# Complex Analysis

[SOLVED] Complex Analysis

PROBLEM
Let a function f be entire and injective. Show that f(z)=az+b for some complex numbers a,b where a is not 0. Hint: Apply Casorati-Weierstrass Theorem to f(1/z).

THEOREM
Casorati-Weierstrass Theorem: Let f be holomorphic on a disk $$D=D_r(z_0)\{z_0}$$ and have an essential singularity at $$z_0$$. Then f(D) is dense in the complex plane.

ATTEMPT
I think this is the general idea for the proof:

f is entire thus f(1/z) is holomorphic except at z=0. We want to show that f(1/z) has a removable singularity at 0.

f(1/z) does not have an essential singularity at 0: Suppose f(1/z) has an essential singularity at 0. For any positive integer p, we can find a positive integer q such that, if |w|>1/p, then |f(w)|>q. Thus for any |z|<p, |f(1/z)|>q which is a contradiction. (By CW, $$f(D_p(0)\{0})$$ should be dense in $$\mathbb{C}$$.) Thus f(1/z) does not have an essential singularity at 0.

If it is a removable singularity then f(1/z) is bounded in some disk D' of 0 and thus f(z) is bounded outside of some disk D*. Since D* is compact, f(z) must also be bounded for z in D*. Thus we conclude f(z) is bounded on all of C. We know f cannot be a log, exponential, or inverse function (since those functions are not bounded). Furthermore, f cannot be a trig function (not injective). Thus f must be a polynomial. Then, to satisfy the boundedness condition, the power series expansion of f has finitely many terms.

So $$f(z)=a_0+a_1z+...+a_nz^n$$. First, n>0, otherwise f(z) would be constant and not injective. Furthermore, if n>1, then f(z) would also fail to be injective. Thus n must be exactly 1, ie $$f(z)=a_0+a_1z$$.

QUESTION
I'm having a hard time dealing with the possibility that f(1/z) has a pole singularity at 0. Either I want to show that f(1/z) cannot have a pole at 0 (method 1) or that if f(1/z) has a pole at 0 then f(z) is a polynomial of finite degree (method 2). In both scenarios, I'm having some trouble...

1) If f(1/z) has a pole at 0, then f(z) has a pole at $$\infty$$. In other words, $$|f(z)|\rightarrow\infty$$ as $$|z|\rightarrow\infty$$. Intuitively, I think this might contradict the injectivity of f, but I'm not sure how to show it.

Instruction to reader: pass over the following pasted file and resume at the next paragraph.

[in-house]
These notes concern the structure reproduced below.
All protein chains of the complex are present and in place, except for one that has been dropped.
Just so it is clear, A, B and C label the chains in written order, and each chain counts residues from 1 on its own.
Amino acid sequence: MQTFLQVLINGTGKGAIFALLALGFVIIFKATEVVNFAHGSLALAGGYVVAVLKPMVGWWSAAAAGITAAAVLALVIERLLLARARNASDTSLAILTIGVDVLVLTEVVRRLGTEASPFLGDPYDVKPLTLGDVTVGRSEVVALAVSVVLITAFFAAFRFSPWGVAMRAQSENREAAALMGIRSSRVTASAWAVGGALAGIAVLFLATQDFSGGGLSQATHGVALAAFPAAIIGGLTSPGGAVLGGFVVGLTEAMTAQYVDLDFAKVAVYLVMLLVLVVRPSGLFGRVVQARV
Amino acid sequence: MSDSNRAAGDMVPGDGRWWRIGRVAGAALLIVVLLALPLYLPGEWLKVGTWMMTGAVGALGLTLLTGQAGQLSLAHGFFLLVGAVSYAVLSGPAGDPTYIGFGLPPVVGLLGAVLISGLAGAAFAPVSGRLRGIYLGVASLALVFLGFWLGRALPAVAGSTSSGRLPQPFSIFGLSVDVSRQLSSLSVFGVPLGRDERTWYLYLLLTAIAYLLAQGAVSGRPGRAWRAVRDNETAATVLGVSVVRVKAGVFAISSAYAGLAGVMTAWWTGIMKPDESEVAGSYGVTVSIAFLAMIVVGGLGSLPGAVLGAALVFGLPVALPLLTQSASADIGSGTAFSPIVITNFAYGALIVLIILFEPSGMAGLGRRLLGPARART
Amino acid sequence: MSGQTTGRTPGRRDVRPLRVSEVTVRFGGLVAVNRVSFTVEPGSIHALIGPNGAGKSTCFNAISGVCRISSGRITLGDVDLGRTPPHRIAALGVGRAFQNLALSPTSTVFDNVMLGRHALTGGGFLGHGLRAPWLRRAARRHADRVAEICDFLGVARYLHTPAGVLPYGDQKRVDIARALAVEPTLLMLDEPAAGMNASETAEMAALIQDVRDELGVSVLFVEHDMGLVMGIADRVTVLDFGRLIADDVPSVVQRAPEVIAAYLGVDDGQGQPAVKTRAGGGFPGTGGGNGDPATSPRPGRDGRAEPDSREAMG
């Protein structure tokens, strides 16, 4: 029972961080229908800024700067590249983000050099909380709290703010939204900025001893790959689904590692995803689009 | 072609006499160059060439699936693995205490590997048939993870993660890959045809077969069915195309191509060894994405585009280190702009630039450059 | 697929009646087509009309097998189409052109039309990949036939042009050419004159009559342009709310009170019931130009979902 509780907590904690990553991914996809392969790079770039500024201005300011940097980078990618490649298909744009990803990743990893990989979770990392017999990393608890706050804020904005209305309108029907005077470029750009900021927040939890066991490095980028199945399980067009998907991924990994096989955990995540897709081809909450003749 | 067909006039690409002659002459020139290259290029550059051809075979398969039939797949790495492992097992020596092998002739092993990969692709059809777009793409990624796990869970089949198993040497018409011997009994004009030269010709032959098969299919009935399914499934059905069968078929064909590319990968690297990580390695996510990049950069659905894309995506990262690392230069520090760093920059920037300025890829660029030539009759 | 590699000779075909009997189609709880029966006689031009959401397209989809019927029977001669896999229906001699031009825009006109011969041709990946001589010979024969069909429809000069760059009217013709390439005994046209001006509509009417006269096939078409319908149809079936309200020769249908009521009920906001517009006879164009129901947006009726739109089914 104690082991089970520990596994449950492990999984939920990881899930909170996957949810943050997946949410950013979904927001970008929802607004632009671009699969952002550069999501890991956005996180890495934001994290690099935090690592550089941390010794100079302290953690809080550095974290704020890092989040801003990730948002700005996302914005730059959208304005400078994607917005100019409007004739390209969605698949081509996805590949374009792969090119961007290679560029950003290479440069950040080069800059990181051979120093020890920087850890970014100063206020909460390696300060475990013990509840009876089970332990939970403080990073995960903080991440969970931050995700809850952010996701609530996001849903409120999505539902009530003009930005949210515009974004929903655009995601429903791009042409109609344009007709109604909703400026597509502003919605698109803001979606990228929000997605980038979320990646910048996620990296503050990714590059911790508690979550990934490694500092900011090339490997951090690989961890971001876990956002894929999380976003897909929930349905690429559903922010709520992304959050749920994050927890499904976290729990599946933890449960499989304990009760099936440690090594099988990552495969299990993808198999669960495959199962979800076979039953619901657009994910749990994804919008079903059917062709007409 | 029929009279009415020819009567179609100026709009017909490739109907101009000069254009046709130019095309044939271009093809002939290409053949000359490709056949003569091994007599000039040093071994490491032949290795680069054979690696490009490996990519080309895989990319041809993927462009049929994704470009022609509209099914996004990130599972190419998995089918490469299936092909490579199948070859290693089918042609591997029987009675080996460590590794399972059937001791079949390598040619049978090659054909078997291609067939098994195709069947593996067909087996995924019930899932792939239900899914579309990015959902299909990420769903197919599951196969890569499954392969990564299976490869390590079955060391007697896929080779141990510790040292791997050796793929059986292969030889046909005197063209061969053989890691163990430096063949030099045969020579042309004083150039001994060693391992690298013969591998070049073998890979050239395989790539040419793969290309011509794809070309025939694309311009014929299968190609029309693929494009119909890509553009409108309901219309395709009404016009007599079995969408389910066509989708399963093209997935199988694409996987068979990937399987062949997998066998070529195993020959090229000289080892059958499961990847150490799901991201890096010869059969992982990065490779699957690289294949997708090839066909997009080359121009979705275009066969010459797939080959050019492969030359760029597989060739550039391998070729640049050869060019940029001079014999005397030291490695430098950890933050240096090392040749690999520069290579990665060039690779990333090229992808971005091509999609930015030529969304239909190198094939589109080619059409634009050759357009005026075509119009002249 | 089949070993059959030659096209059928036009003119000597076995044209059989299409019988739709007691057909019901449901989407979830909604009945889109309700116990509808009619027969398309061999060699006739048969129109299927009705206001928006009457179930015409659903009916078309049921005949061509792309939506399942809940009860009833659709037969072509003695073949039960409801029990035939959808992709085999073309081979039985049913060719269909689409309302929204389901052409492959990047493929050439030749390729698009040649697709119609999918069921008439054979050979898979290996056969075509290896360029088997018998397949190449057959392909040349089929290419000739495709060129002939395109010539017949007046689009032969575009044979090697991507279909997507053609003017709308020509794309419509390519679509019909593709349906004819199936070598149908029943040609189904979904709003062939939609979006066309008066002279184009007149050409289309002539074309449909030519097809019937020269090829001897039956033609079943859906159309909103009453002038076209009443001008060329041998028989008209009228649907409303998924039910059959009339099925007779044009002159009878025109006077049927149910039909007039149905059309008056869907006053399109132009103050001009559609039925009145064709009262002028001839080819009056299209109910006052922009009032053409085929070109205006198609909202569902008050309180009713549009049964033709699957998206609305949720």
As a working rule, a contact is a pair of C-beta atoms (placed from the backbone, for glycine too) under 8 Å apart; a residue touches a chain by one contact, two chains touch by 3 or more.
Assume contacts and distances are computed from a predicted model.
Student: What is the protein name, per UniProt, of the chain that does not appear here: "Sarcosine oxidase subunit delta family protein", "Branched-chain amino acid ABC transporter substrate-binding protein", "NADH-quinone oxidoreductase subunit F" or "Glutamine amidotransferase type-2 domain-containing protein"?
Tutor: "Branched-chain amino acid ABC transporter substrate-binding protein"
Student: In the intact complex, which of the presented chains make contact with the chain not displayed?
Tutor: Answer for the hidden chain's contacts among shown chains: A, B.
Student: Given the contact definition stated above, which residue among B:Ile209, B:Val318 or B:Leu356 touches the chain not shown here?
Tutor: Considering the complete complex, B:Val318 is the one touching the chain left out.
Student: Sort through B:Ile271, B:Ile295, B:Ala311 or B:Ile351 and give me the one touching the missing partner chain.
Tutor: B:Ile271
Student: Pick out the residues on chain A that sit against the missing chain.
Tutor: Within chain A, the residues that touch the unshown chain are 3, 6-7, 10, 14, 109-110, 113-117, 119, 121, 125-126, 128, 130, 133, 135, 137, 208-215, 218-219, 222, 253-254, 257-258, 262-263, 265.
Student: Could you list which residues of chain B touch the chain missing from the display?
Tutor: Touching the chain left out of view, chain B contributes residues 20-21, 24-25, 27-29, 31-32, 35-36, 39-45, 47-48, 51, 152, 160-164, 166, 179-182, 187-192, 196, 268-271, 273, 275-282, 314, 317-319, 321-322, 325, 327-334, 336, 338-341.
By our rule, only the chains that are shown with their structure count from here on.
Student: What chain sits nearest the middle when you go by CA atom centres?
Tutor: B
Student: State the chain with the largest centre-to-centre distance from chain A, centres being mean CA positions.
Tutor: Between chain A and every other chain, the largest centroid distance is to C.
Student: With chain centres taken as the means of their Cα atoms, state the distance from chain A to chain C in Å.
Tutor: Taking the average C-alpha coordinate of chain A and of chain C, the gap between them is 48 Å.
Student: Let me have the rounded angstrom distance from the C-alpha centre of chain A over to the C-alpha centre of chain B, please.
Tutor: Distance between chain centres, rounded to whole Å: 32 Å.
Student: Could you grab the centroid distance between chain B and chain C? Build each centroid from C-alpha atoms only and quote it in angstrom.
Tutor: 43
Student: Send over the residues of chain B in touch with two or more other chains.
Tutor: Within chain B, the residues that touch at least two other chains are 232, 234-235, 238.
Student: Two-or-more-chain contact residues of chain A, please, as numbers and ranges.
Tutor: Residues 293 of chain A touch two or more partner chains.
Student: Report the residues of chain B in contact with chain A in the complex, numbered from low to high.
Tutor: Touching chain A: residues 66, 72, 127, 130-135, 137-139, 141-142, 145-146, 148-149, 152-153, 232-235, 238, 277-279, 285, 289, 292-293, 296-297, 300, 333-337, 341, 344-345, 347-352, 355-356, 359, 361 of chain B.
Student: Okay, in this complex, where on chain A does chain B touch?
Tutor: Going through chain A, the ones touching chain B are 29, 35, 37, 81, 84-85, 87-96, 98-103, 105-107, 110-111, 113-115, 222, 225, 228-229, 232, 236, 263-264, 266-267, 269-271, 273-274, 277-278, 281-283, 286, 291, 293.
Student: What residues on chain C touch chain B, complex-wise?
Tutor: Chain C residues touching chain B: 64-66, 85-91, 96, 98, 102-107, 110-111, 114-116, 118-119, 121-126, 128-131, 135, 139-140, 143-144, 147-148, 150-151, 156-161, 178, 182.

2) If f(1/z) has a pole at 0, then in some disk D centered at 0, $$f(1/z)=\sum_{k=-n}^{\infty}a_kz^k$$. So f(z) for z outside of a certain disk can be represented as
$$f(z)=a_{-n}z^n+...+a_{-1}z+a_0+\frac{a_1}{z}+\frac{a_2}{z^2}+...$$.
I'm not too clear on how to define the degree of a polynomial with negative exponents... Would I say this has degree n (since that is the largest positive exponent) or "infinite degree" (since it has an infinite tail of terms with negative exponents)?

I'm not sure where to go from there or if either method is correct. Any suggestions would be greatly appreciated! :)

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Ahhh... I just realized that, if f is entire and bounded, by Liouville's Theorem, f must be constant - thus it cannot be injective. So my argument for a removable singularity at 0 does not work. :(

Okay, I'm redoing my argument since now I have that 0 is neither an essential singularity nor a removable singularity for f(1/z). Thus 0 must be a pole for f(1/z). Then we follow method 2 as described above.

So, for z outside of some disc D, we have
$$f(z)=a_{-n}z^n+...+a_{-1}z+a_0+\frac{a_1}{z}+\frac{a_2}{z^2}+...$$

However, since f is entire, for any point z, we can represent f by a power series:
$$f(z)=b_0+b_1z+b_2z^2+...$$.

Then for any z outside of D,
$$f(z)-f(z)=...+b_{n+2}z^{n+2}+b_{n+1}z^{n+1}+(a_{-n}-b_n)z^n+...+(a_{-1}-b_1)z+(a_0-b_0)+\frac{a_1}{z}+\frac{a_2}{z^2}+...=0$$

Can I then make the inference that $$f(z)=b_0+b_1z+b_2z^2+...b_nz^n$$?

Got it. :)